Shell is in trouble. Despite being quoted as ‘the world’s most profitable company’, it has been accused of fiddling its books and lying to shareholders. In an oil-accounting exercise that would make Enron proud, it has overstated oil reserves in Nigeria, allegedly in order to squeeze more cash out of the corrupt regime. However, as Okonta and Douglas show at length, this is the least of its worries.
Their passionate history of the Niger Delta over the last 150 years takes us from slavery, colonisation and murderous multinationals to rebellion, resistance and organisation. The impact of Shell (and the other oil multinationals) has been immense.
The mass production of palm oil to grease the machines of early industrial Europe began the process. But the discovery of crude oil a century later in the 1930s has had the biggest impact on one of the world’s most fragile environs. Nigeria has been left littered with wells, oil spills and exploration sites. The sites are placed wherever oil may be. People, animals, rivers and fauna are displaced at the whim of an oil giant. And yet the problems continue.
Natural gas is released when the oil is pumped. This could of course be sold as it is elsewhere around the world. But in Nigeria it is simply burnt off, leaving the air heavy with thick black clouds and fires that give the impression of permanent daylight. And whereas in Scotland the oil pipes themselves are buried, in Nigeria they lie like a scar on the landscape and literally divide communities.
The impact on Nigeria’s population has been disastrous. Many jobs are reserved for foreign employees, as the oil companies can claim grants for ‘expert staff they have to import’. Many more livelihoods have been destroyed – such as fishing, farming and associated trades – and every new spill or pipeline destroys more.
When British colonial rule finally left Nigeria in the 1950s, hopes for a new, democratic Nigeria soon evaporated. At times there have been elections. Sometimes the result has even been implemented. But at all times the squabbling, corrupt, parasitic ruling class has kept control. This has mainly been through competing army generals who have acted with utmost brutality whenever they have felt it to be necessary. At one point, after the army ran amok in a village, a general called a public meeting to explain to the survivors why they deserved the treatment they got! And while the rulers may have been fighting against each other, they have always managed to make sure that Shell has never been hindered in its extraction of resources.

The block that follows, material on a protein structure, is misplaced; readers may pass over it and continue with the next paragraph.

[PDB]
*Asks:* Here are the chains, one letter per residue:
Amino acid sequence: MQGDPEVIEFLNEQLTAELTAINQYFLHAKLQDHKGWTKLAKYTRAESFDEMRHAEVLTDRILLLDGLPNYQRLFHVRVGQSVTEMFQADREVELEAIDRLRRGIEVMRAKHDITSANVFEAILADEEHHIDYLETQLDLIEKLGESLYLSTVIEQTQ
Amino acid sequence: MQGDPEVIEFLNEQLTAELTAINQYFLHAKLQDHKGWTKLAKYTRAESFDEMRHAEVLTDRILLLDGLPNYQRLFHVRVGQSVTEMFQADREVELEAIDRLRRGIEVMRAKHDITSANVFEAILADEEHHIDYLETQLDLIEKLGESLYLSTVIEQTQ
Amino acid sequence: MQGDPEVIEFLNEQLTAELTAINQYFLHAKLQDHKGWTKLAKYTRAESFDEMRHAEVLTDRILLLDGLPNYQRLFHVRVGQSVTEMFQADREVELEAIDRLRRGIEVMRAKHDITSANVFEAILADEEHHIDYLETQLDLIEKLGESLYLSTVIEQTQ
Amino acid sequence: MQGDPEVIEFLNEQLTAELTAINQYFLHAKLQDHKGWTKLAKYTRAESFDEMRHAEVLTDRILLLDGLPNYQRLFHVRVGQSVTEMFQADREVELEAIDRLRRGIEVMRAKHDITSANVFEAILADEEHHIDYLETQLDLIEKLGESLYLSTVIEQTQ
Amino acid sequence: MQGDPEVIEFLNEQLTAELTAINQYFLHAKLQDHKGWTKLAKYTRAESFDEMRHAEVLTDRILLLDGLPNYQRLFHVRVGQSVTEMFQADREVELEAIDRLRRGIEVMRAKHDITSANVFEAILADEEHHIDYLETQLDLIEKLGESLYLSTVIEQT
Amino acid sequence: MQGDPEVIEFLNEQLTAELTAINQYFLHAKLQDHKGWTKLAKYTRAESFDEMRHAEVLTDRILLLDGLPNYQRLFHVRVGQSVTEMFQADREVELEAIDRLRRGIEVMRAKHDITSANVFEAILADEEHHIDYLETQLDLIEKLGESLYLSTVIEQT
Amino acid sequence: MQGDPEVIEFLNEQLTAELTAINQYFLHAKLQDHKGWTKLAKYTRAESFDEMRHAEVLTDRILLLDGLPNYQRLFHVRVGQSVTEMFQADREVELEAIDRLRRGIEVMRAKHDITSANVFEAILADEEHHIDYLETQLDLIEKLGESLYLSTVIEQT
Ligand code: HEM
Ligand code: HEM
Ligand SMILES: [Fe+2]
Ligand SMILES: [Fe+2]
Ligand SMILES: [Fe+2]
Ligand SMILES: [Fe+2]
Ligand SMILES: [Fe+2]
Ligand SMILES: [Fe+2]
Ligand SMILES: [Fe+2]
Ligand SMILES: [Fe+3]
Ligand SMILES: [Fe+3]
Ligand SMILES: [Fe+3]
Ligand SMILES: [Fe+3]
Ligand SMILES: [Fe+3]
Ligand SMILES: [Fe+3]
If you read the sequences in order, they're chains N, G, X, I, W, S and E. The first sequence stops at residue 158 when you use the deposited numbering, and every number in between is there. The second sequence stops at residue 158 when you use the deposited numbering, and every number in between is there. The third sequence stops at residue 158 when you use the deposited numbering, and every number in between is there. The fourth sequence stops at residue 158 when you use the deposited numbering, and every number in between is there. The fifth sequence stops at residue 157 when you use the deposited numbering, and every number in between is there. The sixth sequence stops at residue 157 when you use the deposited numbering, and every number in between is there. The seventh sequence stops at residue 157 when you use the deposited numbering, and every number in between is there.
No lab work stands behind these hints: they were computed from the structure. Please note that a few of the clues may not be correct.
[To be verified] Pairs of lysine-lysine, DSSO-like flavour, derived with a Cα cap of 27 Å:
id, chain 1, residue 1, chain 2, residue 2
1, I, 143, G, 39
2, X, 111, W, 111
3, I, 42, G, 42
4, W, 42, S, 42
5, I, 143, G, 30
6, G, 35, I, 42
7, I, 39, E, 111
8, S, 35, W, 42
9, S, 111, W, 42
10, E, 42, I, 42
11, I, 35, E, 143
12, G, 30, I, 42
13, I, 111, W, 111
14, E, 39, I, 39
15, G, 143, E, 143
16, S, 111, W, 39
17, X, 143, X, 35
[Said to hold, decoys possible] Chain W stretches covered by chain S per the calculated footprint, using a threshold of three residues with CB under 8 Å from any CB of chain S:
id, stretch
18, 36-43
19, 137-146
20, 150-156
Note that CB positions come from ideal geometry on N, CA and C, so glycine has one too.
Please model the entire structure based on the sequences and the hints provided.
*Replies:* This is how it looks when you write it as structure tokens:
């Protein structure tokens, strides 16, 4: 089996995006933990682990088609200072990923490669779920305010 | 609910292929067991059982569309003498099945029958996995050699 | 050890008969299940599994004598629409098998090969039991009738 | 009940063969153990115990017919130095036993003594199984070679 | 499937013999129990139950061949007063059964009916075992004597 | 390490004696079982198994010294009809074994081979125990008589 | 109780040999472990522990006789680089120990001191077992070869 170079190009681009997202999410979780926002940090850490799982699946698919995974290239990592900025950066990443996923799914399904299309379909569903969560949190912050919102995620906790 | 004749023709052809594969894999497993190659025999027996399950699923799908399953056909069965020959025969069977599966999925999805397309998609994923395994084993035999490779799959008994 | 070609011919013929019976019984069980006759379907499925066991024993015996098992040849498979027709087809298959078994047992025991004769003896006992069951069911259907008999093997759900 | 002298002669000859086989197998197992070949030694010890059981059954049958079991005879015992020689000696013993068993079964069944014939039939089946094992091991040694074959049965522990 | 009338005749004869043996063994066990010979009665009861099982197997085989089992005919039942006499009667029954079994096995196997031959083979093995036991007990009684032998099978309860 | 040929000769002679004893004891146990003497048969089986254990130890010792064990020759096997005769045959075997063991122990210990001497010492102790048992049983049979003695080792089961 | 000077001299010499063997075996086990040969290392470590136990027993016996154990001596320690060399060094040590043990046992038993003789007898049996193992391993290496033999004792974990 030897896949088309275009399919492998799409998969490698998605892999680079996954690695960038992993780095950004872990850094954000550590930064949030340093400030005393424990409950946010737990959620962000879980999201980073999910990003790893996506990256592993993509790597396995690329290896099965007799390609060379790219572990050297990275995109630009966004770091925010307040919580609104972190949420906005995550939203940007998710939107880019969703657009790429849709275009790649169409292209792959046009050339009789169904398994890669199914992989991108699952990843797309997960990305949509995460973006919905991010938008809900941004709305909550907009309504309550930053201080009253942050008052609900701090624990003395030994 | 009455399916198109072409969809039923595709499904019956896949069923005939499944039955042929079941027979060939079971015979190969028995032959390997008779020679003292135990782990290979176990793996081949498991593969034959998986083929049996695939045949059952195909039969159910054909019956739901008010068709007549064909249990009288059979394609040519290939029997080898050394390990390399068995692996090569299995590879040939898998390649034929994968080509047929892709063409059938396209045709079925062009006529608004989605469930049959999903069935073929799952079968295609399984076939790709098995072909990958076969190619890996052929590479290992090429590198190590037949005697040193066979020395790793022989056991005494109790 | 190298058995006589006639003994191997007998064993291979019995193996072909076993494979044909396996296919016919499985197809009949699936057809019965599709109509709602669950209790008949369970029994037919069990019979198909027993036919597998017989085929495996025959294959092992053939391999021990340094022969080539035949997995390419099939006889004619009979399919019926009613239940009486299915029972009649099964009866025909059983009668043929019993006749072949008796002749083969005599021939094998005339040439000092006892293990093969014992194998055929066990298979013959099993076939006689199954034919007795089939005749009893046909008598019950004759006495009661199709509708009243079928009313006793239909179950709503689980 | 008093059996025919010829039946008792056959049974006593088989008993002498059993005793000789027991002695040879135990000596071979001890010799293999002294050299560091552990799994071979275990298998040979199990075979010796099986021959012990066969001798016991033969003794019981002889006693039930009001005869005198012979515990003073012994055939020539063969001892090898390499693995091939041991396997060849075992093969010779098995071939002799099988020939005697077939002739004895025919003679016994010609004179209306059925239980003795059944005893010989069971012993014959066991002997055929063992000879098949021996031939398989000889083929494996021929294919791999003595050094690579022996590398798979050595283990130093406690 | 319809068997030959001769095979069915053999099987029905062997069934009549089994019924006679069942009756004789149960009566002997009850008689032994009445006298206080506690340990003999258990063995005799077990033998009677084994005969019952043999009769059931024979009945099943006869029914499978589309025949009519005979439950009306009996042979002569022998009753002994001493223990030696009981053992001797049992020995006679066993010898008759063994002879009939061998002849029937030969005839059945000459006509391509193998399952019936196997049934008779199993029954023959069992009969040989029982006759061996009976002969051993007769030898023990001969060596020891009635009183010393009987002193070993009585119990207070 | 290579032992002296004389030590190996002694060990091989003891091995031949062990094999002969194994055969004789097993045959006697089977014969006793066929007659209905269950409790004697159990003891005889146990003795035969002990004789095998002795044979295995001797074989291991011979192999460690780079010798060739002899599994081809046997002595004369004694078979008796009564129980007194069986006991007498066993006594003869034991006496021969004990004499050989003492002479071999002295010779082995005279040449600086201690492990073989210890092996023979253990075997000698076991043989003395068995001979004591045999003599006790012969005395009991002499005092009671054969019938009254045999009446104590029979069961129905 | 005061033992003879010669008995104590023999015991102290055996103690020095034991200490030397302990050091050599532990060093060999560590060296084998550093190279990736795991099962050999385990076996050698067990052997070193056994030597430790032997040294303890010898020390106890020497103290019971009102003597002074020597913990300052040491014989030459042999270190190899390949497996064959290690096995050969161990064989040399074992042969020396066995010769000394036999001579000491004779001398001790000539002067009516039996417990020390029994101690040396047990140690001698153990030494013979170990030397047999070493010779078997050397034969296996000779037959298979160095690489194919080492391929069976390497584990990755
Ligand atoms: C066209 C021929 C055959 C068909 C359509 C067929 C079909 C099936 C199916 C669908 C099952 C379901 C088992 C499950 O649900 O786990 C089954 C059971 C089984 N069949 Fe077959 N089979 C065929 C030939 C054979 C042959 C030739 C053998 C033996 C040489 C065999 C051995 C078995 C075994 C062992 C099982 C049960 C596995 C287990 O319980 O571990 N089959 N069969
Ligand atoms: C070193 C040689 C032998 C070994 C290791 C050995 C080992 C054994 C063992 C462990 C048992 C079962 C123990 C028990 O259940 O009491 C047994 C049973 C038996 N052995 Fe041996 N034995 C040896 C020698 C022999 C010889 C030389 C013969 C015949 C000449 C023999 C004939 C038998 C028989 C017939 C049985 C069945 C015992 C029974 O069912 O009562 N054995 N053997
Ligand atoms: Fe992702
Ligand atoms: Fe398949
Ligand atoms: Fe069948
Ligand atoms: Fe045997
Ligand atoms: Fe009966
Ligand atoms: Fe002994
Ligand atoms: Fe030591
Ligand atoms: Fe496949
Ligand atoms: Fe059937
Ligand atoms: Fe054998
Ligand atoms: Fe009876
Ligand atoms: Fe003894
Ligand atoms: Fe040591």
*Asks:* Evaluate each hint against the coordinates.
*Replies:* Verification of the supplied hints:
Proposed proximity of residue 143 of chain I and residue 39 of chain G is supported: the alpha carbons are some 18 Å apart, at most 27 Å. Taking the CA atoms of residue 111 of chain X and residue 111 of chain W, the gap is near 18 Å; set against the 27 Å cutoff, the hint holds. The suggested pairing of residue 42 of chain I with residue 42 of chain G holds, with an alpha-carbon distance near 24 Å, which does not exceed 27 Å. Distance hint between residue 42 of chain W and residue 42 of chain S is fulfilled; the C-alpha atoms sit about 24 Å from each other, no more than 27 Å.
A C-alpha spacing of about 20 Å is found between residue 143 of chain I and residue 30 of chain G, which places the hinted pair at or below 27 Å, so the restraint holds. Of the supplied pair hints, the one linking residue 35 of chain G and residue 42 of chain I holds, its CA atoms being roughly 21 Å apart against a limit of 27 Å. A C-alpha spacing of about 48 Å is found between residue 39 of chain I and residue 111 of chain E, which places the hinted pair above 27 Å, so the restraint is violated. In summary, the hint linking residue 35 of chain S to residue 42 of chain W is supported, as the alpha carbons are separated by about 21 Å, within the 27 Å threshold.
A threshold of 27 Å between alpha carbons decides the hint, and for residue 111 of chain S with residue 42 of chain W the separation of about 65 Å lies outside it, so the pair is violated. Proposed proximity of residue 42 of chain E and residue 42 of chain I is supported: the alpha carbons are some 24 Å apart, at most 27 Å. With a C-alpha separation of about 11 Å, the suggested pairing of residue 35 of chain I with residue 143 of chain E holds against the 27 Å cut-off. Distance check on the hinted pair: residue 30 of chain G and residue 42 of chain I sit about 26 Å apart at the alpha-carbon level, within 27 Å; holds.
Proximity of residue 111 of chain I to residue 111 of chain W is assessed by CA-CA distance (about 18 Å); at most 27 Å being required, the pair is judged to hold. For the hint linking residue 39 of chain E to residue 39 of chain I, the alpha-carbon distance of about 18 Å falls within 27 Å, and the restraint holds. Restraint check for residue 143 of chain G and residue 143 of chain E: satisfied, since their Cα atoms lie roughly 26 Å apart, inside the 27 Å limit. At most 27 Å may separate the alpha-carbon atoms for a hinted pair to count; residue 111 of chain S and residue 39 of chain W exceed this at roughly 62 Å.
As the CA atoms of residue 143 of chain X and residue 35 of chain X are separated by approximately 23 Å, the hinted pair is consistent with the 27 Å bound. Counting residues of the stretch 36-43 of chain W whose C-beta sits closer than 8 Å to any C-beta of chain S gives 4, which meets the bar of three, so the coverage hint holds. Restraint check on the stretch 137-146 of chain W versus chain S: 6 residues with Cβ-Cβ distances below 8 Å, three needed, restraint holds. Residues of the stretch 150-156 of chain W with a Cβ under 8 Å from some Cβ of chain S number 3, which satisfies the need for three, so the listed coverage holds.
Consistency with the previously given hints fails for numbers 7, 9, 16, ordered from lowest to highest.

The people of Nigeria have not just sat and accepted their fate. What makes this book so readable is that opposition plays a central part in the story. Many of us have heard of Ken Saro-Wiwa, who headed the Movement for the Survival of the Ogoni People (MOSOP). They succeeded in pushing Shell out of the Ogoni region. For this, Saro-Wiwa and eight other compatriots were murdered by the Nigerian regime. Shell of course denies any responsibility. Yet they boasted to Saro-Wiwa while awaiting his death sentence that they could get him freed if only he stopped the resistance. However, these nine murders have only helped spread the mood of resistance and brought the plight of the Nigerian people to a worldwide audience. More communities have organised against the multinationals and their client regime. This movement is chronicled in great detail.
The book finishes with Saro-Wiwa’s pre-conviction speech at his show trial. He talks of the inevitable victory for the people of Nigeria. Quite how this will come about is not at the crux of this read. The object of this book is more to inform us of the crimes and corruption of rulers and oil bosses. And if ideas are weapons, then this book is a very powerful arm to possess.
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